Nicholas Carr, and the decline, or not, of literacy

There’s a tenuous connection between the reference, in the previous post, to Swindon as a railway town, and this post.  Here I’m looking at the work of Nicholas Carr, an influential thinker and blogger, and particularly the author of an interesting Harvard Business Review piece from 2003, on whether IT still mattered to business.  Why the Swindon connection?  Because part of Carr’s argument was that for many businesses IT was becoming a commodity, as power supplies and railways had become in the past.  Whereas I would argue that, whether you are looking at the impact of the rail industry on Swindon in the 19th century, or the importance of the Crossrail construction taking place in the 21st century, very close to where I work, there are plenty of places where rail networks aren’t purely a commodity. 

In general, my answer to Nicholas Carr’s question of ‘does IT matter?’ would be ‘it depends’: of course there are numerous information systems in businesses, particularly back-office systems, which have become commoditised, as the basic components of computer memory and Internet bandwidth have become ever cheaper,  But there continue to be businesses that are exploiting completely new markets that have only been made possible by IT, and the emergence of completely new business approaches (notably apps for mobile devices) in recent years serves as a reminder that these new markets haven’t been exhausted yet.

Carr’s more recent work is best represented by his piece from the Atlantic entitled, rather provocatively, is Google making us stupid?  It’s a well written and considered criticism of the Internet from somebody who uses it a lot – it certainly isn’t a rant against the whole concept of the Internet in the style of Andrew Keen (I’m tempted to suggest that you google him if you want to know more but you could also look back in my blog).  Carr has picked on some important points, notably that the net makes it easy to skip from finding out about one piece of information to another, and that following hyperlinks means that you can instantly pursue any digressions that might pique your interest.  Implicit in this effect is that, to navigate the Internet effectively, we need to have some new skills to manage those digressions and to come back to where you started.  But he also expresses a concern that we are losing something in the ability to read things at length, that we are so innured to the web-browsing approach where we jump around information that we have lost sight of the value of narrative, of the ability to read a long, coherent, piece of text that tells a story.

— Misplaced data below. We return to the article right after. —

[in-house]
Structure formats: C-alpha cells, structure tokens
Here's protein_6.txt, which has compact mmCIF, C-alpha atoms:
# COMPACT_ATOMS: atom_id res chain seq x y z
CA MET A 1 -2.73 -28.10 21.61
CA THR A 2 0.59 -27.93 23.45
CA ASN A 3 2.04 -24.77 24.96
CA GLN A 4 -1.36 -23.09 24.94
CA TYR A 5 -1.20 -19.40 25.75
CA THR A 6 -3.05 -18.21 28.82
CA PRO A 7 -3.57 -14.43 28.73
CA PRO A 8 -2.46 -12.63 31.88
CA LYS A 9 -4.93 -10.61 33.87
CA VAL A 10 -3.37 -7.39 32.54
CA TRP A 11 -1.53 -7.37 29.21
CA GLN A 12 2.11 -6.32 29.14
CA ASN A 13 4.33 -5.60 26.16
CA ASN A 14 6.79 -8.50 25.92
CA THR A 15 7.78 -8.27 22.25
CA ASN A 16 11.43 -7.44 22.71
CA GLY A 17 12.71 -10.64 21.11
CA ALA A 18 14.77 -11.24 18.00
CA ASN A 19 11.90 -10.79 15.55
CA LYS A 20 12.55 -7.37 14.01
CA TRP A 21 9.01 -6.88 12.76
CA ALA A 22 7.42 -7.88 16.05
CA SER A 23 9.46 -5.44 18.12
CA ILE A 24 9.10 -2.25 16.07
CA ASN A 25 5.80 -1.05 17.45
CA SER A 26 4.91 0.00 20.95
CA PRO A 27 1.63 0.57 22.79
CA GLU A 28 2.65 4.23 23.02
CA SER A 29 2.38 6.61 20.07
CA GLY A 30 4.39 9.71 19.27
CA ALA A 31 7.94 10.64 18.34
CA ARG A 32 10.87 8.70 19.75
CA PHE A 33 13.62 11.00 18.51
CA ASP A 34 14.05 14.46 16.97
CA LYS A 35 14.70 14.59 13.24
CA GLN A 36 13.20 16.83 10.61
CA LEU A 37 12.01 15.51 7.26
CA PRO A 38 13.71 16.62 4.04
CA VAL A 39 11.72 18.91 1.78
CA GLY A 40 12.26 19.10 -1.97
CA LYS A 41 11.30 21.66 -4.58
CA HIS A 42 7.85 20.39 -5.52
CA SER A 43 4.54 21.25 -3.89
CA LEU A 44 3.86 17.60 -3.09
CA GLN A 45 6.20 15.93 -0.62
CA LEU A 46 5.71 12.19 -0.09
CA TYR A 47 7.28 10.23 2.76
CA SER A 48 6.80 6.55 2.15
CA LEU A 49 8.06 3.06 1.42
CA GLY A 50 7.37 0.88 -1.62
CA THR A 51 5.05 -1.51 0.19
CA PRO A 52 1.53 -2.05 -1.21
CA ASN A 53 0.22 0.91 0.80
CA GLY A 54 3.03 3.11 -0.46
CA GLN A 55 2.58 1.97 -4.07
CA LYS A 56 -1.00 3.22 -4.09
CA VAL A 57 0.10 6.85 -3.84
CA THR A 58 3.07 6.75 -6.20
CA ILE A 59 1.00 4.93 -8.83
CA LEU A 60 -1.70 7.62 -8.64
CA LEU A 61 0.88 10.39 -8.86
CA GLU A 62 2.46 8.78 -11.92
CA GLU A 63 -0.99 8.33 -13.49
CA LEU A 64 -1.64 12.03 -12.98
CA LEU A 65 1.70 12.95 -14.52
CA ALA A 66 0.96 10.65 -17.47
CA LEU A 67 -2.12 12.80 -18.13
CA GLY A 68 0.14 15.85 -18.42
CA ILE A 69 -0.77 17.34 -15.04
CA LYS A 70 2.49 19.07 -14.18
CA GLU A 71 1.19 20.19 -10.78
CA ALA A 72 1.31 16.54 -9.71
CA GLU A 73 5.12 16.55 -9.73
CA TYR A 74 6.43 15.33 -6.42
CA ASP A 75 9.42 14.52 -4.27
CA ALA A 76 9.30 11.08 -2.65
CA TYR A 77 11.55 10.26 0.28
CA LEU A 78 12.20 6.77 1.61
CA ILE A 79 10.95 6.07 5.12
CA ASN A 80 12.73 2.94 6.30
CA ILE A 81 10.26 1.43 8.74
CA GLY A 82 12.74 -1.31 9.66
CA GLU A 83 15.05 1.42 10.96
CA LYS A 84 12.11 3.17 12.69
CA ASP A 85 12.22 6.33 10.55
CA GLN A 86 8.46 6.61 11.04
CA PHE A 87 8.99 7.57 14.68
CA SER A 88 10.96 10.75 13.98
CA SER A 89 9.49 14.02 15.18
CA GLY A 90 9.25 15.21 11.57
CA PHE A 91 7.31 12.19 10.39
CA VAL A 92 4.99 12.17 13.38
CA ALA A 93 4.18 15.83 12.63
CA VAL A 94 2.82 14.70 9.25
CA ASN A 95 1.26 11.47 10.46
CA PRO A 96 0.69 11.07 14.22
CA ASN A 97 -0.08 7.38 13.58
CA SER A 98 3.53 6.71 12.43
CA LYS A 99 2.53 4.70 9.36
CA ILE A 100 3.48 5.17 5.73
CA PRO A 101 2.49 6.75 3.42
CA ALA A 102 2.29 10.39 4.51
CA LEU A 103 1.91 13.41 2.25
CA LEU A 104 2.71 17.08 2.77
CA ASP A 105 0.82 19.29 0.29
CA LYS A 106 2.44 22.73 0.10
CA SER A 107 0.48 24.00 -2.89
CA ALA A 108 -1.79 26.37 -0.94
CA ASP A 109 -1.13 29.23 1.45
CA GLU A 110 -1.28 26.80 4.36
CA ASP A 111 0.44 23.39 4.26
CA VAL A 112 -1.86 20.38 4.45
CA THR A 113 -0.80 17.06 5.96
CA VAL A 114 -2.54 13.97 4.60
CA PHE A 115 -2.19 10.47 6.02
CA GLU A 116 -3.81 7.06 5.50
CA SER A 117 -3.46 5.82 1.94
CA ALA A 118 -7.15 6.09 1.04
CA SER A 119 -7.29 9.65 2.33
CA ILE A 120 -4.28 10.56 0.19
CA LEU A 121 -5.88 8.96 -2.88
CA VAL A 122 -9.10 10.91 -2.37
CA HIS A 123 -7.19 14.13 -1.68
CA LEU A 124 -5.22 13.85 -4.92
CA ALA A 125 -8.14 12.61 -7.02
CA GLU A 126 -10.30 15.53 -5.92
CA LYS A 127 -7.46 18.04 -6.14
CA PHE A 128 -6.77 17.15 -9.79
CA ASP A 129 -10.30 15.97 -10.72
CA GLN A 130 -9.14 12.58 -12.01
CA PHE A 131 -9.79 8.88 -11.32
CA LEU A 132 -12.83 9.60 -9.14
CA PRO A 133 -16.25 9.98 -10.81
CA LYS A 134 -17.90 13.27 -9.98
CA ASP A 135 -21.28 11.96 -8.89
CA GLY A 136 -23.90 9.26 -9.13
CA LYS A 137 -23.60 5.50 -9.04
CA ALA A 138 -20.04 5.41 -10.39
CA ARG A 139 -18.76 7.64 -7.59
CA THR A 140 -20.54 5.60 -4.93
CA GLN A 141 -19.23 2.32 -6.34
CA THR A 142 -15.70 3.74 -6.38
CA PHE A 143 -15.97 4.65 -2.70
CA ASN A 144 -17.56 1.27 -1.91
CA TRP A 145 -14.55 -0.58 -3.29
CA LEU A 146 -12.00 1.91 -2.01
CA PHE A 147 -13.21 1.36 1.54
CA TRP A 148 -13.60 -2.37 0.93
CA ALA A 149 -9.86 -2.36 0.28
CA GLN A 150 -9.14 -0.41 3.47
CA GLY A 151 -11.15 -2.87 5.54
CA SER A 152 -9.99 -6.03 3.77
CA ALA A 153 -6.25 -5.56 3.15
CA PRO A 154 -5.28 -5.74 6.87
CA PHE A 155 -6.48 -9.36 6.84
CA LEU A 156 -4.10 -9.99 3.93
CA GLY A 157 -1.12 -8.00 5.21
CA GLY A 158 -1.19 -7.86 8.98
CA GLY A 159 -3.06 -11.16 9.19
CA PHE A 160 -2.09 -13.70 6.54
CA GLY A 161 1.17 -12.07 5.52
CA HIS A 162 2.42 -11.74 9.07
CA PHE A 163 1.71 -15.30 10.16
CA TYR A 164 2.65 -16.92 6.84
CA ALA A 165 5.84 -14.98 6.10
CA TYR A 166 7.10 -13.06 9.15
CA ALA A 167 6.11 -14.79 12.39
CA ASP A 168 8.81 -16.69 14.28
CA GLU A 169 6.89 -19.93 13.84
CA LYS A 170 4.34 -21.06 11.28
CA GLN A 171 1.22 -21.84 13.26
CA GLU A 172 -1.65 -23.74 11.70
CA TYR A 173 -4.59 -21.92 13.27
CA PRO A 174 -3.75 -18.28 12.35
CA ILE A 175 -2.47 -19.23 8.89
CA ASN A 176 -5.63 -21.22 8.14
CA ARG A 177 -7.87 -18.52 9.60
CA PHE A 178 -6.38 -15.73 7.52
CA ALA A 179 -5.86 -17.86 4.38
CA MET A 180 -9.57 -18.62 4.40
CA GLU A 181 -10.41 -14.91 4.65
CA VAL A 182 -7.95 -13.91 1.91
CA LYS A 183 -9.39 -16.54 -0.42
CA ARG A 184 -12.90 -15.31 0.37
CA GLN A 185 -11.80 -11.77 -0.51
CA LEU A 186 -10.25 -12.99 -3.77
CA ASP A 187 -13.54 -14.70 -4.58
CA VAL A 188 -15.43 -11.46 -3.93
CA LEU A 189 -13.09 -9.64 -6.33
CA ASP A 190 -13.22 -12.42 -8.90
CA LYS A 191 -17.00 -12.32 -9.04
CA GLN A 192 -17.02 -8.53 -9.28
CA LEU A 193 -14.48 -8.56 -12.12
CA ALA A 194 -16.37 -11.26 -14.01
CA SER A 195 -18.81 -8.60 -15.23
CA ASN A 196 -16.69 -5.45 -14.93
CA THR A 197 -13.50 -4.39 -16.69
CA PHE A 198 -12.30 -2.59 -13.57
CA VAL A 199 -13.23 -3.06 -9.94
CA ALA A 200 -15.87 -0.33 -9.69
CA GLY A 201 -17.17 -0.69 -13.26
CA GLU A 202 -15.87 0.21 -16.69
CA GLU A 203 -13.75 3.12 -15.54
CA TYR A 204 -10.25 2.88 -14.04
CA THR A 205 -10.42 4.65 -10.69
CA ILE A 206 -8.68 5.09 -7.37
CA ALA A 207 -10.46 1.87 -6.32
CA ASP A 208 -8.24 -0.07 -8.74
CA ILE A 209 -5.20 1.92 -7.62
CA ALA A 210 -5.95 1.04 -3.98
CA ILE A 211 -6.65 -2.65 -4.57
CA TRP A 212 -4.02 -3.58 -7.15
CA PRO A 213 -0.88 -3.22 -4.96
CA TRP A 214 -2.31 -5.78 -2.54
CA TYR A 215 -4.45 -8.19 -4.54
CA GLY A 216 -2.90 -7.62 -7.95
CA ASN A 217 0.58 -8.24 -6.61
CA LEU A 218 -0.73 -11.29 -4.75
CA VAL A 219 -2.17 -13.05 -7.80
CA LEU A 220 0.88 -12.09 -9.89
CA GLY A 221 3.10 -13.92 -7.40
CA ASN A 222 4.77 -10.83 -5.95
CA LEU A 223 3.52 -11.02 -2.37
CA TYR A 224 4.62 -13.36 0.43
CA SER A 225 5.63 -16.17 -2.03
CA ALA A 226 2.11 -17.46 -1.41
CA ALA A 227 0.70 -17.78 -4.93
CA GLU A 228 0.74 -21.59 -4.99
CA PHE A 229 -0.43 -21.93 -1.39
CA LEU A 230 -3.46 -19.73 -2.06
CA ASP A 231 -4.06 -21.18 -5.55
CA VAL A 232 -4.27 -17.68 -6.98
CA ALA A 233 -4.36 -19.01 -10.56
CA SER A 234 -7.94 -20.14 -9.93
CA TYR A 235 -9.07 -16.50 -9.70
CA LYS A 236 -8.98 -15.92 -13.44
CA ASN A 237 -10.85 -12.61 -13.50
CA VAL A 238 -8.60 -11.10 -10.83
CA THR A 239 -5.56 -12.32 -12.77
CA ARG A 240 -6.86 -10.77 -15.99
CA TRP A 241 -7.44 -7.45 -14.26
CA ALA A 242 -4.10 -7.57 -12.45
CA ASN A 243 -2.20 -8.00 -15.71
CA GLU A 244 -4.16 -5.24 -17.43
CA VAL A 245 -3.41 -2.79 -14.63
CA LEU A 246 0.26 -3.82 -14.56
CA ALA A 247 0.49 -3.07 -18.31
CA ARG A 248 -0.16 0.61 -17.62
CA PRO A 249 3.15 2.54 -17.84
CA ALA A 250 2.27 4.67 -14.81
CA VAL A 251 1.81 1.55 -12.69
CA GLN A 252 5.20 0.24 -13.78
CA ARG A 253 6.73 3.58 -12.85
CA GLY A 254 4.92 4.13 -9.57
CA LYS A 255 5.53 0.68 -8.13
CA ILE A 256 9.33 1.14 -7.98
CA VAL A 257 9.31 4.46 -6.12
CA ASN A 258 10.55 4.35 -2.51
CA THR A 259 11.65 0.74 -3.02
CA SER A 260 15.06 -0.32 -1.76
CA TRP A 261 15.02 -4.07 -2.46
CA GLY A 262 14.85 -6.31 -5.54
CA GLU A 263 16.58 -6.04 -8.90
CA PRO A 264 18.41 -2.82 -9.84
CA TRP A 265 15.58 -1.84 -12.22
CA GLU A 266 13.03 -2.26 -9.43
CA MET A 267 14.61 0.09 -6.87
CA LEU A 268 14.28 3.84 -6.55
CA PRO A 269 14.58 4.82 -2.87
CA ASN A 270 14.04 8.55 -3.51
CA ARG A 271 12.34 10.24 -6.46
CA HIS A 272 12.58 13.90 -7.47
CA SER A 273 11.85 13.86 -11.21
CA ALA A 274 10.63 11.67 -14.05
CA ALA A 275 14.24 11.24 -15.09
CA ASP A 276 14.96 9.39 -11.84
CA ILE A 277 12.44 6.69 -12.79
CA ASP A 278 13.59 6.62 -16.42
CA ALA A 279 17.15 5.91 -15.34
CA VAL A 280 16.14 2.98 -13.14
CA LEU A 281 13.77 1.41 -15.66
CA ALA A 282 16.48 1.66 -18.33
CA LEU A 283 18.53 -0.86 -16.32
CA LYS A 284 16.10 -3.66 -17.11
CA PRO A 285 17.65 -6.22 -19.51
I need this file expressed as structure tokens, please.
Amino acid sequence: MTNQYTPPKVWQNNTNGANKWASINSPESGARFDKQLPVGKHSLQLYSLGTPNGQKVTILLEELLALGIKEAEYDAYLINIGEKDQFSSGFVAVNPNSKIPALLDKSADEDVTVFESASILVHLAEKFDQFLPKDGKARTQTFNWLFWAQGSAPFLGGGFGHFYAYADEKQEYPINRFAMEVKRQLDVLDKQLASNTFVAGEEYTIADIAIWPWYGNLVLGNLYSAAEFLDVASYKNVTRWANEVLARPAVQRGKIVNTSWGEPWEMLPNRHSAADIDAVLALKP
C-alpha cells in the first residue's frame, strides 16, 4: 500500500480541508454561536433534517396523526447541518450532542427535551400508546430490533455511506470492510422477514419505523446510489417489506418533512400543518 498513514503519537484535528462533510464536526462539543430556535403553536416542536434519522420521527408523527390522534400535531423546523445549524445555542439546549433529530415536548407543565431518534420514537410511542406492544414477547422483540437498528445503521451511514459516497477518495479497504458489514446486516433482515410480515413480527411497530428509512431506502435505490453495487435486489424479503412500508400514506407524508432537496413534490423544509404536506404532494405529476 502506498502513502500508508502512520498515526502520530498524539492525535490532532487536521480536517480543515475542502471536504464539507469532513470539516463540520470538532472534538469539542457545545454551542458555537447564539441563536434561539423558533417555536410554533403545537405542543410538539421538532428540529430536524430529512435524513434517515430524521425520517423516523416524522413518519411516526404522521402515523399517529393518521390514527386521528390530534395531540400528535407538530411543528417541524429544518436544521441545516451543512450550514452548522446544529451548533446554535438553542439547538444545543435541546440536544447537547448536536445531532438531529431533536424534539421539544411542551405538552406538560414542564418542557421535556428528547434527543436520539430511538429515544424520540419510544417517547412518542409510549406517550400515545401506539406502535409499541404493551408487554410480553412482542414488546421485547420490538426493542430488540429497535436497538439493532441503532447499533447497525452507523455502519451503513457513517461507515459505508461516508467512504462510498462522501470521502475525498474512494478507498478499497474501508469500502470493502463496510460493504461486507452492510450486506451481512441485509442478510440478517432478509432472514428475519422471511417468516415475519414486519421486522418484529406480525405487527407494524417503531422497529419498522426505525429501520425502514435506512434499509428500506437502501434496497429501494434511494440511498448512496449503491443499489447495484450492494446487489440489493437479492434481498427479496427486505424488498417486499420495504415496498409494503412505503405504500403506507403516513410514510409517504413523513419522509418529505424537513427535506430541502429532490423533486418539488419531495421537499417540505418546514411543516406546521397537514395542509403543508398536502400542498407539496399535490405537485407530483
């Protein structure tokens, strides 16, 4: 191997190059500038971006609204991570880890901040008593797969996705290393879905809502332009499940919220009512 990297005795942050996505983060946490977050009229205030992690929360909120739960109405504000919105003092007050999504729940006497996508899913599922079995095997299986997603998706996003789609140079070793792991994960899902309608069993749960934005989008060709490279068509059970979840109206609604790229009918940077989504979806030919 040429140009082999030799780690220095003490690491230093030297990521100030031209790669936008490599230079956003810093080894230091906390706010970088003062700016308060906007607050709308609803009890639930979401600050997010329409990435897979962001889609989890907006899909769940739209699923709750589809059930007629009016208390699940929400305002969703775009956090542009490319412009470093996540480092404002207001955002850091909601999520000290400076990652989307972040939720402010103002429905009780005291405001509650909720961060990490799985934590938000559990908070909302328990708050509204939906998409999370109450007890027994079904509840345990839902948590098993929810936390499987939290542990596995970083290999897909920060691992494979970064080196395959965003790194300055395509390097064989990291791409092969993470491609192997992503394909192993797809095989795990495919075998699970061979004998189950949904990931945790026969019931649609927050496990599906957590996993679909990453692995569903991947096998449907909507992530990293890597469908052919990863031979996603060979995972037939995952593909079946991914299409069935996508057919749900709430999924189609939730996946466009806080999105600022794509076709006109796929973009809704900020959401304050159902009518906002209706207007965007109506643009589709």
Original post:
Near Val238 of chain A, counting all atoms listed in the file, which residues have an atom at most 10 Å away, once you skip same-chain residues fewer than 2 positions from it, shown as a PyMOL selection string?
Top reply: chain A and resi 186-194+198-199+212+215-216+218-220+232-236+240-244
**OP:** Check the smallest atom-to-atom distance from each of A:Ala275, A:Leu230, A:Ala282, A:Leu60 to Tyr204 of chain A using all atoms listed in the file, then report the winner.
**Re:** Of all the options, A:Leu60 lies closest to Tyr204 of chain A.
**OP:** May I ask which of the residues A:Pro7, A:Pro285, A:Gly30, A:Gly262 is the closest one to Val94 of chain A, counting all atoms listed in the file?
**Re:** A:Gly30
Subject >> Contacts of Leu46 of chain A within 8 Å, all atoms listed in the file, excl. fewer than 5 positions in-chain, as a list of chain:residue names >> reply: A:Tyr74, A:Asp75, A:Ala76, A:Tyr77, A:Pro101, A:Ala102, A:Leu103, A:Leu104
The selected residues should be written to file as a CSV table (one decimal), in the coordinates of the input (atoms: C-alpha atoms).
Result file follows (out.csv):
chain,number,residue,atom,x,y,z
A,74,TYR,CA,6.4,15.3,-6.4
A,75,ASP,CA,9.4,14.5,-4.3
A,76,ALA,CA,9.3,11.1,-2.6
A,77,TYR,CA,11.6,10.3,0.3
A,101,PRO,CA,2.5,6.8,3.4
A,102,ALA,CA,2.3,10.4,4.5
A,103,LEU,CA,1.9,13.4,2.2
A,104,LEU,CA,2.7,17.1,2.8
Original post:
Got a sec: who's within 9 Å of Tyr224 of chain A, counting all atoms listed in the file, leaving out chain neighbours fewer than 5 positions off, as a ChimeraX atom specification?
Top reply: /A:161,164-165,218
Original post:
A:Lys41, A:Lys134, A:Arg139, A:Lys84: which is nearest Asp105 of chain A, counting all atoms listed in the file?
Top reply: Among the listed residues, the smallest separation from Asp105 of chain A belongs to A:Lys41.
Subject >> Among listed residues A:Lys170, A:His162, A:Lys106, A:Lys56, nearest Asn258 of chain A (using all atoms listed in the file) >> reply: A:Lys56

These are legitimate concerns, discussed at much greater length in the shallows, but I wonder if they are still misplaced, and the article is too pessimistic.  Storytelling is an idea that’s deeply embedded in the way that humans make sense of ideas, and areas of knowledge management such as that promoted by cognitive edge take advantage of this.

Wikipedia suggests that Nicholas Carr was born in 1959, which places him a year younger than both Madonna and Sir Fred Goodwin (now there’s a group of three names that you might not have expected to see in the same blog post).  So  one reading could be that, now he’s in his fifties, he’s a bit more cynical about new tecnology than he might have been a few years ago.  But he’s also a member of the first generations to have grown up with television around as an everyday artefact.  In many ways it would be very different from the television of today: fewer channels, no home video recording, no 24 hour broadcasting, very little colour television when he was a young child.  Still, it had a profound effect on the way that people occupied their lives – if anything simple 1960s television afforded more opportunities simply to slump on a sofa for hours in front of a screen than today’s multi-channel, interactive, equivalent.  Moreover, the advent of television didn’t lead to the end of literacy among Nicholas Carr’s generation, and I wouldn’t expect the Internet to destroy literacy either.

It’s possible, of course, that Amazon’s Kindle is a bit of a special case.  But with its screen, monochrome and not backlit, cleverly designed to mimic the effect of reading off paper, and even its range of literary screen-savers, this is one gadget that sits on the Internet that very specifically encourages reading.  And not just reading fragments of text: the very model that the Kindle sets out to emulate is that of sitting down to read a book from cover to cover.


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